Above: an advertisement for Matusalem from 1957 (Photo: Ron Matusalem)
JUST 10 YEARS after Don Facundo Bacardi Masso began operations in Santiago de Cuba, Benjamin and Eduardo Camp, brothers from Spain, along with a third partner, Evaristo Alvarez, opened a distillery of their own in the city.
While it’s not quite as old as the Biblical Methuselah, after whom it is named, Ron Matusalem maintains its old Cuban soul — and its original formula. Its benders all descend from the rum’s original founders.
Like Ron Atlantico, which Rum Journal featured in this space in March, Matusalem uses the so-called solera method.
Matusalem, which has been produced in the Dominican Republic since 1960, offers rums with blends as old as 18 years, although Rum Journal tasted the Gran Reserva 15 — and was impressed.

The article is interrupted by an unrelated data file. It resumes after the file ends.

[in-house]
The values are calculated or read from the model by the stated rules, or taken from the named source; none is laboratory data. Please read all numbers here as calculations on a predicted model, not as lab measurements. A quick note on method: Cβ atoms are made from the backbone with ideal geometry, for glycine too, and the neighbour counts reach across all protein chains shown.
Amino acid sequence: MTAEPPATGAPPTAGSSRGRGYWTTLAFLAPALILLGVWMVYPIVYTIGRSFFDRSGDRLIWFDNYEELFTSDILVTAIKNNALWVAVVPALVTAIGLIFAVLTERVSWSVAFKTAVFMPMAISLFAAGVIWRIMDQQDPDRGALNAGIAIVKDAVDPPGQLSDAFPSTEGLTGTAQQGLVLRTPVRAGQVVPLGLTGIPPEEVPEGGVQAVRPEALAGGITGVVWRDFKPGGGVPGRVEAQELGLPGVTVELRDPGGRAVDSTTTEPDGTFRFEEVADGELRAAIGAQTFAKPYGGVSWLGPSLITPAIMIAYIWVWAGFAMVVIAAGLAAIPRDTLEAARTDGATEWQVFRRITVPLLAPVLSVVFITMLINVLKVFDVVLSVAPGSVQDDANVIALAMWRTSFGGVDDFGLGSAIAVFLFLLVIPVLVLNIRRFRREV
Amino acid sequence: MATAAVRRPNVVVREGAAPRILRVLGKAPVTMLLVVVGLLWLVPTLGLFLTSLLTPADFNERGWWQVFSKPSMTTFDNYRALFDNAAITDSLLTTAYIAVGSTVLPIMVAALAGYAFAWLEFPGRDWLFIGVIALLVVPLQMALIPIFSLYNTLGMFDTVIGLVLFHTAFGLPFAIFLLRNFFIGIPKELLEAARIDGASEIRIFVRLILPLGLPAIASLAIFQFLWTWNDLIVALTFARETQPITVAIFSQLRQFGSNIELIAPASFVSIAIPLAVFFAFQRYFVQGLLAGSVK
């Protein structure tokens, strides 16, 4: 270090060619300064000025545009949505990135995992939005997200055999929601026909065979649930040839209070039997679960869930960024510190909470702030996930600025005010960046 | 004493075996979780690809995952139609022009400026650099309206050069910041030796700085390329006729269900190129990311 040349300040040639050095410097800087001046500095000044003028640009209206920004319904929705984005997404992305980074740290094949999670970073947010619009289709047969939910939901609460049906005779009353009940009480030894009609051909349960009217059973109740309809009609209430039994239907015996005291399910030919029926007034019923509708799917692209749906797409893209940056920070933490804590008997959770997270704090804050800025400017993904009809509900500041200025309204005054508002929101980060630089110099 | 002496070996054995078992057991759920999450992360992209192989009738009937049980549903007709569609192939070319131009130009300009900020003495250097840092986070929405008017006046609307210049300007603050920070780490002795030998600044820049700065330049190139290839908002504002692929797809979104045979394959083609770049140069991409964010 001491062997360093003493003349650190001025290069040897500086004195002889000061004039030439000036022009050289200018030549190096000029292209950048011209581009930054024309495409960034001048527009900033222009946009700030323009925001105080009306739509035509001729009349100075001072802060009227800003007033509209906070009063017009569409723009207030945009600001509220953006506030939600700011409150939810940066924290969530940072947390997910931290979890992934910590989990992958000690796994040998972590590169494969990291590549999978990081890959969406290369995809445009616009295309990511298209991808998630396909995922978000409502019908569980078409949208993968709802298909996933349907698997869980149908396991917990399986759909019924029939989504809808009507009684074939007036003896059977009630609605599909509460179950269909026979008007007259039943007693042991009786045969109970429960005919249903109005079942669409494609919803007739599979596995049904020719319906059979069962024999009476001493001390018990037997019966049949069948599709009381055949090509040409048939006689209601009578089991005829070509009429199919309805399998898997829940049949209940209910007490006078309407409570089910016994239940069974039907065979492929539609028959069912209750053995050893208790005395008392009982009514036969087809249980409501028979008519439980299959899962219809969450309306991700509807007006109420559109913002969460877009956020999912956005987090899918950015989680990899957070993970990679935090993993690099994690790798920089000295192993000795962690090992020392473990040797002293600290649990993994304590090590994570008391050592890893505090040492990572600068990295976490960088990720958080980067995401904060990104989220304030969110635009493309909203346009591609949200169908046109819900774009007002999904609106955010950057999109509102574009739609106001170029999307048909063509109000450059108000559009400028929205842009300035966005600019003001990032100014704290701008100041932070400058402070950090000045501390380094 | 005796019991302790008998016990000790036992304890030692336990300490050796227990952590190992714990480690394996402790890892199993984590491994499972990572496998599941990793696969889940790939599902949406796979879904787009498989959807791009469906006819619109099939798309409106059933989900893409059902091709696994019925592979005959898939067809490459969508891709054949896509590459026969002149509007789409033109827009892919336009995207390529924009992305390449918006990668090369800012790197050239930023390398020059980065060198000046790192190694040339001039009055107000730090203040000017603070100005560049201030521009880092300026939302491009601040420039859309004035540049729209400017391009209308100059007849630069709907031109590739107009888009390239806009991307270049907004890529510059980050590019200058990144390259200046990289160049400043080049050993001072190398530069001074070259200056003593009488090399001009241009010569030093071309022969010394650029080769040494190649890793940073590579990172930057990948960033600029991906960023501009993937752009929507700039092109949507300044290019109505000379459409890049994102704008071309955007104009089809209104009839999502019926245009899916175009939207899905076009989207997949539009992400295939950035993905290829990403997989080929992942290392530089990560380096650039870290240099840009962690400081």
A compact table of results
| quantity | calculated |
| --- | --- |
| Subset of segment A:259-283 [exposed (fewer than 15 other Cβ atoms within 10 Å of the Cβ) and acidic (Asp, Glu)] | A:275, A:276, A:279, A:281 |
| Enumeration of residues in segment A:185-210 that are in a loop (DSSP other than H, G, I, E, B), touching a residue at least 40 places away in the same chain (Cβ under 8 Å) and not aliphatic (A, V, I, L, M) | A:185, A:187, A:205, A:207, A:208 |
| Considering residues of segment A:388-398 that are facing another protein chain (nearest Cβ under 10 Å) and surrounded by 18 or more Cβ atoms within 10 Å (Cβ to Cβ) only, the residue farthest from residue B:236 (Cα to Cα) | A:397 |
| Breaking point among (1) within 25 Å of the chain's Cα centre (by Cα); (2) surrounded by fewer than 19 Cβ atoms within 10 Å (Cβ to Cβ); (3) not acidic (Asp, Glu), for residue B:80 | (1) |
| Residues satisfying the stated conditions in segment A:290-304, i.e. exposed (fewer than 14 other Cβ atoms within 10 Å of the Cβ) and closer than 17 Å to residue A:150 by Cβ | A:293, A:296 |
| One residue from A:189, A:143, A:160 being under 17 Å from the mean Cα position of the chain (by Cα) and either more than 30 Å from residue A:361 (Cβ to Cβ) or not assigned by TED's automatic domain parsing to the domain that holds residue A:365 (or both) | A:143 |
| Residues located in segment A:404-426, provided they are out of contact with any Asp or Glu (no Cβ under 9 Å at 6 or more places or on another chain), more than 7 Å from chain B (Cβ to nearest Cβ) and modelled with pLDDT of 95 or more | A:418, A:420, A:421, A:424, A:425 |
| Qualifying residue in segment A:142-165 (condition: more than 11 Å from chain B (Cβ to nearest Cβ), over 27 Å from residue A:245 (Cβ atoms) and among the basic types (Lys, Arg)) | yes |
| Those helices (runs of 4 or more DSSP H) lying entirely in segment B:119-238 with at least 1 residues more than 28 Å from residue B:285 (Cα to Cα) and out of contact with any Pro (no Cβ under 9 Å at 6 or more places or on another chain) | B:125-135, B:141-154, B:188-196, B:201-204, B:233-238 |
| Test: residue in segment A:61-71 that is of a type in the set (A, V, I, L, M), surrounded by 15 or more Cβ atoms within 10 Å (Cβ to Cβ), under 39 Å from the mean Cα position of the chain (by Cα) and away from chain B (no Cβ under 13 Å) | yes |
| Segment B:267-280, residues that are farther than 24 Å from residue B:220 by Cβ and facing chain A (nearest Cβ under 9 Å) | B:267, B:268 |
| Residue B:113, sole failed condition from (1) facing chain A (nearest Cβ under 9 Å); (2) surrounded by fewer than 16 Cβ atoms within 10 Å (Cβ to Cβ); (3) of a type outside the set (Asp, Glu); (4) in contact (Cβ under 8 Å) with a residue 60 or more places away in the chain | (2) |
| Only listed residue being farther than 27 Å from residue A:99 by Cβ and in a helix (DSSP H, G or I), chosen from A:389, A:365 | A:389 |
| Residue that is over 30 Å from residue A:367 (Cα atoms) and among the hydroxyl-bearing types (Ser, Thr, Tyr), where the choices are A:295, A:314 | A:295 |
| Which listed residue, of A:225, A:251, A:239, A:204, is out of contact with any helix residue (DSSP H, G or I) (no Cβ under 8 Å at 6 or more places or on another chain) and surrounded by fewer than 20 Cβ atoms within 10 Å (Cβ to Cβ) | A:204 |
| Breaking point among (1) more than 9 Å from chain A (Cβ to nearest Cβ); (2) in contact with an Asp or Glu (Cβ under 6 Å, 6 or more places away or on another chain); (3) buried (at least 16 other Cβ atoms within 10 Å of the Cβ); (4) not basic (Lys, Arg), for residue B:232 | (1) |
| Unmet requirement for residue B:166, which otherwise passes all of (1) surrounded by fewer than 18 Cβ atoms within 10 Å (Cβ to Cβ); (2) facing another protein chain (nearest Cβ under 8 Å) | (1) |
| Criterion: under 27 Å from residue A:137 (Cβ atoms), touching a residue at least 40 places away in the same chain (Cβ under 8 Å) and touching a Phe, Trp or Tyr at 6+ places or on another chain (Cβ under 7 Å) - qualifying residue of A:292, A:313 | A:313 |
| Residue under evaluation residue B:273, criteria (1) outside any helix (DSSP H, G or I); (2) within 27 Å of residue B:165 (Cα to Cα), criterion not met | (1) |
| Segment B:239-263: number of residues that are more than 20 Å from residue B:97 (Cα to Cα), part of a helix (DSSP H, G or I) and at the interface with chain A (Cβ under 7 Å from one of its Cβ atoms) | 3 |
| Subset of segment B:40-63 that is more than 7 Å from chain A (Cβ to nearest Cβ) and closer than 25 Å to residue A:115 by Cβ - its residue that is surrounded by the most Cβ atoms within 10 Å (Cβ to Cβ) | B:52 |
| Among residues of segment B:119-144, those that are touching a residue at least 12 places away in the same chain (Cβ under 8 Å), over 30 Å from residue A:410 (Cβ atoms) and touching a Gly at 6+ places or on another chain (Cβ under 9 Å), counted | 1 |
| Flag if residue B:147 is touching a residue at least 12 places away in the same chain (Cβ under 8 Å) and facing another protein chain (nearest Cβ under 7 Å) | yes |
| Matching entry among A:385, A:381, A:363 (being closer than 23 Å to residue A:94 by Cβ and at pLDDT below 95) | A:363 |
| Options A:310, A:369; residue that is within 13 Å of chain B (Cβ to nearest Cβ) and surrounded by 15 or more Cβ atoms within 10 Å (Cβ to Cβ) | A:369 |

The 15-year is a deep amber, with a nose of almond, citrus peel and oak, the latter deriving from the French oak barrels in which it is aged.
As for its taste, Gran Reserva 15 gives off hints of cocoa, spice and oak.
Matusalem is not as sweet as some solera rums, and is, on balance, closer to the cognac-like taste of certain aged rhum agricoles.
And while some rums see a complete change of flavou profile when one adds an ice cube or two, Gran Reserva 15’s is actually expanded — with a suggestion of french vanilla.
We recommend it with a single cube.